Florida Hospital District Agrees to Pay the U.S. Government $69.5 Million for Alleged Medicaid and Medicare Health Care Fraud; Whistleblower Will Receive Over $12 Million
On September 15, 2015, the Department of Justice (DOJ) announced that Broward Health, an operator of more than 50 health care facilities across Broward County in Florida, agreed to pay the U.S. government $69.5 million for violating the Federal Stark Law and the Anti-Kickback Statue by allegedly compensating its referring physicians for services that exceeded the fair market value – a practice allegedly used to cover up illegal kickbacks paid to physicians in exchange for patient referrals. Dr. Michael Rielly, a former employee of Broward Health and the whistleblower in this case, will receive over $12 million for exposing Broward Health’s illegal practices by bringing a qui tam case under the False Claims Act (FCA).
Under the Federal Stark Law and the Anti-Kickback Statue, it is illegal for health care providers and physicians to knowingly accept bribes or other forms of compensation in return for making referrals that result in claims on federal healthcare programs, such as Medicare and Medicaid. These laws are designed to protect patients and the federal health care programs from fraud and abuse. The laws specifically apply to any physician who provides care to Medicare or Medicaid beneficiaries, and provide that the physician cannot refer patients for certain designated health services to any entity in which the physician has a financial interest.
However, according the qui tam lawsuit filed in 2010 by Dr. Michael Reilly on behalf of the government, Broward Health allegedly over-compensated its employed physicians for referring patients to its facilities. For example, the referring physicians were paid the regular rate for services rendered to their patients, but also allegedly received additional compensation from Broward Health for referring the patients, which resulted in the physicians being illegally compensated at a rate that exceeded the fair market value. The fair market value in health care was designed to regulate the cost of goods and services in order to protect the patient and federal health care programs from being overcharged. Broward Health allegedly knowingly billed Medicare and Medicaid for services in violation of the FCA and settled its claim for $69.5 million without admitting fault.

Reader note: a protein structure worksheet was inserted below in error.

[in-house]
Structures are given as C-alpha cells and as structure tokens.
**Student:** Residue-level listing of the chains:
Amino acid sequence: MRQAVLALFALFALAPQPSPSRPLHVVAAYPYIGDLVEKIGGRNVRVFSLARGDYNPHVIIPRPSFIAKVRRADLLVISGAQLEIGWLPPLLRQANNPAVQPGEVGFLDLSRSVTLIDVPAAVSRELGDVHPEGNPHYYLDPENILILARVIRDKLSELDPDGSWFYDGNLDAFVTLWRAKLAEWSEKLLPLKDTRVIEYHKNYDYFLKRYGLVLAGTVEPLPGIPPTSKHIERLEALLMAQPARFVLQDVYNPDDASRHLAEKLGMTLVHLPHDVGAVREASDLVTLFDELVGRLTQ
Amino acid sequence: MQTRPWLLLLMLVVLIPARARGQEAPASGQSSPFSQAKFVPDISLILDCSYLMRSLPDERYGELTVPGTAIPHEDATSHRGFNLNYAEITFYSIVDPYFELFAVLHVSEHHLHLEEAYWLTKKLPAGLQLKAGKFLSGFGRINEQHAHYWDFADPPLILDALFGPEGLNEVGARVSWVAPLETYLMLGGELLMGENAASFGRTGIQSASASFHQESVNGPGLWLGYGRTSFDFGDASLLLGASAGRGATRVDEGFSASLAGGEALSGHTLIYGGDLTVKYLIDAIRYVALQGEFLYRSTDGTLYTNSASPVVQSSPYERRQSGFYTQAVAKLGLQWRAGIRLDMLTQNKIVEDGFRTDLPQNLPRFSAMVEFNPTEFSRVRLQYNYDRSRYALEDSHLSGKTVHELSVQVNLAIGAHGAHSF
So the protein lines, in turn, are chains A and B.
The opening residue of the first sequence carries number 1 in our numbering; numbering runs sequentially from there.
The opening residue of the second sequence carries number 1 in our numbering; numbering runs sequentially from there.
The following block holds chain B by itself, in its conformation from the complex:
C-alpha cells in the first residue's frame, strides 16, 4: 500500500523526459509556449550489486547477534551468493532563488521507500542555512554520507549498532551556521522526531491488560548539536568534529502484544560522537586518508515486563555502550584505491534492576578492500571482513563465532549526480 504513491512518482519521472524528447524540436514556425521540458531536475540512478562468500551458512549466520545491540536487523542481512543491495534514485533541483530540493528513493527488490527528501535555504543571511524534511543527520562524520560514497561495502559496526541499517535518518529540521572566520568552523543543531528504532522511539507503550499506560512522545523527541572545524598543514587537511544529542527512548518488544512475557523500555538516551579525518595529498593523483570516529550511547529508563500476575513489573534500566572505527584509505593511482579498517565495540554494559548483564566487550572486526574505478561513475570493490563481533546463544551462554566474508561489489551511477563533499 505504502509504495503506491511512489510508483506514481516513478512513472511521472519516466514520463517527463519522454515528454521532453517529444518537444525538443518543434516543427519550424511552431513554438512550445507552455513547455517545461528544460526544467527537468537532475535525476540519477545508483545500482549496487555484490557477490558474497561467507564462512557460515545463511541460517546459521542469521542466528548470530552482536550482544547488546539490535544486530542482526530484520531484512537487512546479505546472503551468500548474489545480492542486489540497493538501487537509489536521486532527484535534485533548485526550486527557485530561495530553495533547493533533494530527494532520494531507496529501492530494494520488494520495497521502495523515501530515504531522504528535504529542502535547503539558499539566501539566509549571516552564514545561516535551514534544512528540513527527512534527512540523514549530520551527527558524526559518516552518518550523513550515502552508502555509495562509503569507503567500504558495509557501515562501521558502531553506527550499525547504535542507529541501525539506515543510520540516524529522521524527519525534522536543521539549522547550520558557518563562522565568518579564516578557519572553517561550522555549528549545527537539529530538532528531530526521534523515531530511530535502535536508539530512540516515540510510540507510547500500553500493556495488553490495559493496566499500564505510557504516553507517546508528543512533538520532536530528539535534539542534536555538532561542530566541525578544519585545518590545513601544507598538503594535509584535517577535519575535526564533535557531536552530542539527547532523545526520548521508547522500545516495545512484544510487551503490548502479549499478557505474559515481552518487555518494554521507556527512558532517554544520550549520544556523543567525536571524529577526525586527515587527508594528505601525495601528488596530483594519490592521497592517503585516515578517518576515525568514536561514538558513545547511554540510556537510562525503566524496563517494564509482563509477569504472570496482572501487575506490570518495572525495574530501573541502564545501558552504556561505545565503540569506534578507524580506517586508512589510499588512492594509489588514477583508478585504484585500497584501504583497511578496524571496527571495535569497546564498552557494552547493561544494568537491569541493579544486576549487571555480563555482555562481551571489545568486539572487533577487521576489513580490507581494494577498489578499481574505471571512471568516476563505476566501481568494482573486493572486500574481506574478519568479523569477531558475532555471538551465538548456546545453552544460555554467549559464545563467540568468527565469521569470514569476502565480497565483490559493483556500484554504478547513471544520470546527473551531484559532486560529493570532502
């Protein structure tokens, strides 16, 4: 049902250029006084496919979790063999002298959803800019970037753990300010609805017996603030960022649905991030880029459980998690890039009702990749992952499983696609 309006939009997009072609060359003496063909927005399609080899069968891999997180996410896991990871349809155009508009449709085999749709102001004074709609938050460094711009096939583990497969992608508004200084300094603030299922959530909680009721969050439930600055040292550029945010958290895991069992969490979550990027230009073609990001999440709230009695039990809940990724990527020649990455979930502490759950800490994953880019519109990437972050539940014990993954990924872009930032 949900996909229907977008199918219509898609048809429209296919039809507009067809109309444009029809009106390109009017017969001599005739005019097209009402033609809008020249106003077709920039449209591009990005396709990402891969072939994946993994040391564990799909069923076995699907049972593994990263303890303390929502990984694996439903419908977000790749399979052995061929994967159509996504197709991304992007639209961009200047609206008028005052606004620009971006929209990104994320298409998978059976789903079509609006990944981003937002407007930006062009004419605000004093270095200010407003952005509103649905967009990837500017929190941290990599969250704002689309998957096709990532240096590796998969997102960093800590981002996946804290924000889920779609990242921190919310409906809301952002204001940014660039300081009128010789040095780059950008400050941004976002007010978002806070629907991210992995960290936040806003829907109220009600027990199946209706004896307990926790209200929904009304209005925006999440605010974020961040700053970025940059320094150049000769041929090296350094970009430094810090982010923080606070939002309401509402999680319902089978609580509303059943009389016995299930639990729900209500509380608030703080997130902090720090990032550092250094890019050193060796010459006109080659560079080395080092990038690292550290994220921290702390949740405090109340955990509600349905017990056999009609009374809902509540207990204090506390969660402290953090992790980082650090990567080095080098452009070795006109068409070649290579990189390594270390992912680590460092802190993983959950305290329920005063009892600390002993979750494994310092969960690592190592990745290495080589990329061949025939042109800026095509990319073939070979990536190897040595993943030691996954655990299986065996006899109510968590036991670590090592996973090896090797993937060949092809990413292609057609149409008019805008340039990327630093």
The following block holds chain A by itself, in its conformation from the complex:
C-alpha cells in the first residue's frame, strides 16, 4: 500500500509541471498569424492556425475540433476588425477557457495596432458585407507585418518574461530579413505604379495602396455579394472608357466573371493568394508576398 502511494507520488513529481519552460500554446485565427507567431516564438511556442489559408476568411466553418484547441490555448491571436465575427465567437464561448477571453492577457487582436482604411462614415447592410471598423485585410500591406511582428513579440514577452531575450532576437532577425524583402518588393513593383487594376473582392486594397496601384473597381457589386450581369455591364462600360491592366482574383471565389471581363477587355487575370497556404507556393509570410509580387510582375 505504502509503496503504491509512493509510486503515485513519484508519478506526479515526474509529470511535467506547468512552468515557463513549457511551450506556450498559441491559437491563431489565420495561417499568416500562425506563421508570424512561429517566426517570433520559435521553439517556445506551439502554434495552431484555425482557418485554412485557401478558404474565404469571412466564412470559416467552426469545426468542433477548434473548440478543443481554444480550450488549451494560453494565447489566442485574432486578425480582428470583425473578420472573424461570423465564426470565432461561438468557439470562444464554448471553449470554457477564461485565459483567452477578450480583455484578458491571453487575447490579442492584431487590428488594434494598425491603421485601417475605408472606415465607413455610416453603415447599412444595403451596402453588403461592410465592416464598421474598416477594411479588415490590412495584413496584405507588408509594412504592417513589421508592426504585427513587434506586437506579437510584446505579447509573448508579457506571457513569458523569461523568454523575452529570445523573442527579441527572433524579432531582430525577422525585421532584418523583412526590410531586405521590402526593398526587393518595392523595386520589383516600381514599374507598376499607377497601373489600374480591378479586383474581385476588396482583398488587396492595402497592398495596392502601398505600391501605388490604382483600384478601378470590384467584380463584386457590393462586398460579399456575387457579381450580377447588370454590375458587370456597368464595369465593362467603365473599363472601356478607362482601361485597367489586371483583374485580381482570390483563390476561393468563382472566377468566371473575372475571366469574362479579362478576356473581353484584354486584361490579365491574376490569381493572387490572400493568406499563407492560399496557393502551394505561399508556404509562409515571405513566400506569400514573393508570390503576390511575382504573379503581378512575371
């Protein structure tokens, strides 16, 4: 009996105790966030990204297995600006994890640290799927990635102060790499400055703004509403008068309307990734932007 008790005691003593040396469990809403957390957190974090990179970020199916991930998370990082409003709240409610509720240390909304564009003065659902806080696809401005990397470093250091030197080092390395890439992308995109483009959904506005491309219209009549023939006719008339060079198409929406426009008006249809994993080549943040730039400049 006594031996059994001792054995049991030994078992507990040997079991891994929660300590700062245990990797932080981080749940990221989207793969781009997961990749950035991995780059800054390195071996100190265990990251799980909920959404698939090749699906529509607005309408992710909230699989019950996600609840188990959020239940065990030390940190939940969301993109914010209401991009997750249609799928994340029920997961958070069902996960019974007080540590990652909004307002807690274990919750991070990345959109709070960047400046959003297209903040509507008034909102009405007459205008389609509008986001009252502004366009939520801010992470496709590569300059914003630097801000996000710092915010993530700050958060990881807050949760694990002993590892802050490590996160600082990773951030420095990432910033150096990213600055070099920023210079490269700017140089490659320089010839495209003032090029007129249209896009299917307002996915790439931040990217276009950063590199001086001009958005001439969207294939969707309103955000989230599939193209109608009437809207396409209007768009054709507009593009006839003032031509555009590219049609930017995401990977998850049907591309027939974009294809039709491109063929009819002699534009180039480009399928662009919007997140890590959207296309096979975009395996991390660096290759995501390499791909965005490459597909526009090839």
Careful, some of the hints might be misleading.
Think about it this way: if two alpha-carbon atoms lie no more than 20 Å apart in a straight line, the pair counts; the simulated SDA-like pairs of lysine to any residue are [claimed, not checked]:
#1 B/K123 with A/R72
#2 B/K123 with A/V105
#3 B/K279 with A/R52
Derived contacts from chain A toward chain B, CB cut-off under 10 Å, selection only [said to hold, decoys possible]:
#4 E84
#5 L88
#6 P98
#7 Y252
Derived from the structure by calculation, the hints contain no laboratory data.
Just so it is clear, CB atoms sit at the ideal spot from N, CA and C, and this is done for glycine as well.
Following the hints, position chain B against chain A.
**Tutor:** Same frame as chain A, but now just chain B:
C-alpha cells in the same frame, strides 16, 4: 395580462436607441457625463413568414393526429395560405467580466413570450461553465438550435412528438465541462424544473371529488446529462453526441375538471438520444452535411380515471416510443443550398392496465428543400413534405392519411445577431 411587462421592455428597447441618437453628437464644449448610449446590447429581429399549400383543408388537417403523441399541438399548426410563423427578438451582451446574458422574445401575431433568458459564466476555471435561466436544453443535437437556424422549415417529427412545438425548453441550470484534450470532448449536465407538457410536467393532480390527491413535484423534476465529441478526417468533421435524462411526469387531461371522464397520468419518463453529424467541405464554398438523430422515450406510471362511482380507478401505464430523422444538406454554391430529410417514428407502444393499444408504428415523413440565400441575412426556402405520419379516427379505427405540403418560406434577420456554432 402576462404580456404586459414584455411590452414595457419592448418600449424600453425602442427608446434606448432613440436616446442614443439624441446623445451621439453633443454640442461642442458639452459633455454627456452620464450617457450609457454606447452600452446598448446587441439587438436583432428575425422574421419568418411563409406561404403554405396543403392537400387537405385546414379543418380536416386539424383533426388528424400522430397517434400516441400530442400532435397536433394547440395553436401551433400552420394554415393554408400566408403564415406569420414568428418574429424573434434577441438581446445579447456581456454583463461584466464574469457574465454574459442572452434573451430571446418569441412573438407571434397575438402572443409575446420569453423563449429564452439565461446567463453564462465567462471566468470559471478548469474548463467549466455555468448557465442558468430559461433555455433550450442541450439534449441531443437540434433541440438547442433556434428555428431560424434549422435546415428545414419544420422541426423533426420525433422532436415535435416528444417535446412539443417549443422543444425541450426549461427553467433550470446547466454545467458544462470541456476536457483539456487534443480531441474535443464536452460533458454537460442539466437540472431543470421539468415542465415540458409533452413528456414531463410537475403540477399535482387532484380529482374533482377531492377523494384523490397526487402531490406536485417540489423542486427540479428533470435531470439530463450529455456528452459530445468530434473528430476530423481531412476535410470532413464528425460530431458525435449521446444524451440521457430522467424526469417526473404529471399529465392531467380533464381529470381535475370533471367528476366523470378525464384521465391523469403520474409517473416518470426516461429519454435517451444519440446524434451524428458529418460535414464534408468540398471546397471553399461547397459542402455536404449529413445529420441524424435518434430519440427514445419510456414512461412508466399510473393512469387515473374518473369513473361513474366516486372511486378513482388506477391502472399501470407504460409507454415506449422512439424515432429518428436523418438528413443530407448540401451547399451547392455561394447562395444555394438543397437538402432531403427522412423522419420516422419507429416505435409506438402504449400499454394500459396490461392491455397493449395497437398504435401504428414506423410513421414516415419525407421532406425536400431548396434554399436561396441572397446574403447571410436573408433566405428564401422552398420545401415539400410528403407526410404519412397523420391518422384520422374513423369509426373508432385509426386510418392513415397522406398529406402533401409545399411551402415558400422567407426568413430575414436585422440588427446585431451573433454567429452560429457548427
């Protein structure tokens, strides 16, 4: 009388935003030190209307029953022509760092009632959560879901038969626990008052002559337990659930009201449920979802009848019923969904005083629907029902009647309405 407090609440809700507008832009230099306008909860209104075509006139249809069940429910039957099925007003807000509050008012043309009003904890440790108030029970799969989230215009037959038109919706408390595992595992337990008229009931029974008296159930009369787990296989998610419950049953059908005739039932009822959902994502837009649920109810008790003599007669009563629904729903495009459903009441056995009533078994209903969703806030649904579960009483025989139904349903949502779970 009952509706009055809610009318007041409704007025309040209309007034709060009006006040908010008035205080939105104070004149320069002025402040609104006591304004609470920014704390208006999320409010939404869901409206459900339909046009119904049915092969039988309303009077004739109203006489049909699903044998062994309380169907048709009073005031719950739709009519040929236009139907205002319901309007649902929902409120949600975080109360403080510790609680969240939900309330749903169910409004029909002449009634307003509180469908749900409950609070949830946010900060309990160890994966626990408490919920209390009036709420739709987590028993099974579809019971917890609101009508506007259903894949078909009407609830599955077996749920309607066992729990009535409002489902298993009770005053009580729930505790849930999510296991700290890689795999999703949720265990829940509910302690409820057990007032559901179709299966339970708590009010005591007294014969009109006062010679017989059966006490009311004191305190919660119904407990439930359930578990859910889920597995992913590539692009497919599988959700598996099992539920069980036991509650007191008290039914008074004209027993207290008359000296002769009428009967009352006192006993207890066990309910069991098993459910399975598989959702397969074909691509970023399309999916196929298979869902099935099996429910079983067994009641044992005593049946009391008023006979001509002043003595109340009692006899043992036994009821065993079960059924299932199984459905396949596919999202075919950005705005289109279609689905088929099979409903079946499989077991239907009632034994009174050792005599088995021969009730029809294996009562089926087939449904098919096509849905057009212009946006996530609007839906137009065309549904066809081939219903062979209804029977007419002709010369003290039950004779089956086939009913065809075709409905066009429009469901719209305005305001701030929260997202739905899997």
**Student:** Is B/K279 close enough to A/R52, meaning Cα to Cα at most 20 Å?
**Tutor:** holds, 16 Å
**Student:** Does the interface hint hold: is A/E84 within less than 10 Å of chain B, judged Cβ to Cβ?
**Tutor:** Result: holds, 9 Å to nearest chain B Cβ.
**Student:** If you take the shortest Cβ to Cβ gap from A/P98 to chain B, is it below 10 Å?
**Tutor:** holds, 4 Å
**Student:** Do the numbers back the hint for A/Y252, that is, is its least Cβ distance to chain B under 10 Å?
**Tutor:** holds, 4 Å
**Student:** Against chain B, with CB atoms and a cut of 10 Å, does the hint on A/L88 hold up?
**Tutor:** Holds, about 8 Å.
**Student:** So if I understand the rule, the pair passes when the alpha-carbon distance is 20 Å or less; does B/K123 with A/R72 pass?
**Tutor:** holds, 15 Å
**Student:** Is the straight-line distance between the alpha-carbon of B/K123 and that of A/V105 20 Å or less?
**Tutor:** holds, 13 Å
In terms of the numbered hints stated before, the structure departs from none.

The FCA is a mechanism used for combatting and discouraging government related fraud. If you have information concerning a potential case involving a company or individual committing health care fraud by overbilling Federal Health Care program, such as Medicare, Medicaid, or Tricare, do not hesitate to take action. It is possible that you might be able to bring your own qui tam lawsuit under the False Claims Act, acting as a whistleblower on behalf of the US government. Before filing your lawsuit, be sure to consult with an attorney familiar with the intricacies of the False Claims Act and qui tam lawsuits, as these attorneys are best equipped to help protect your rights and help you gain your share of any monetary reward from a potential settlement.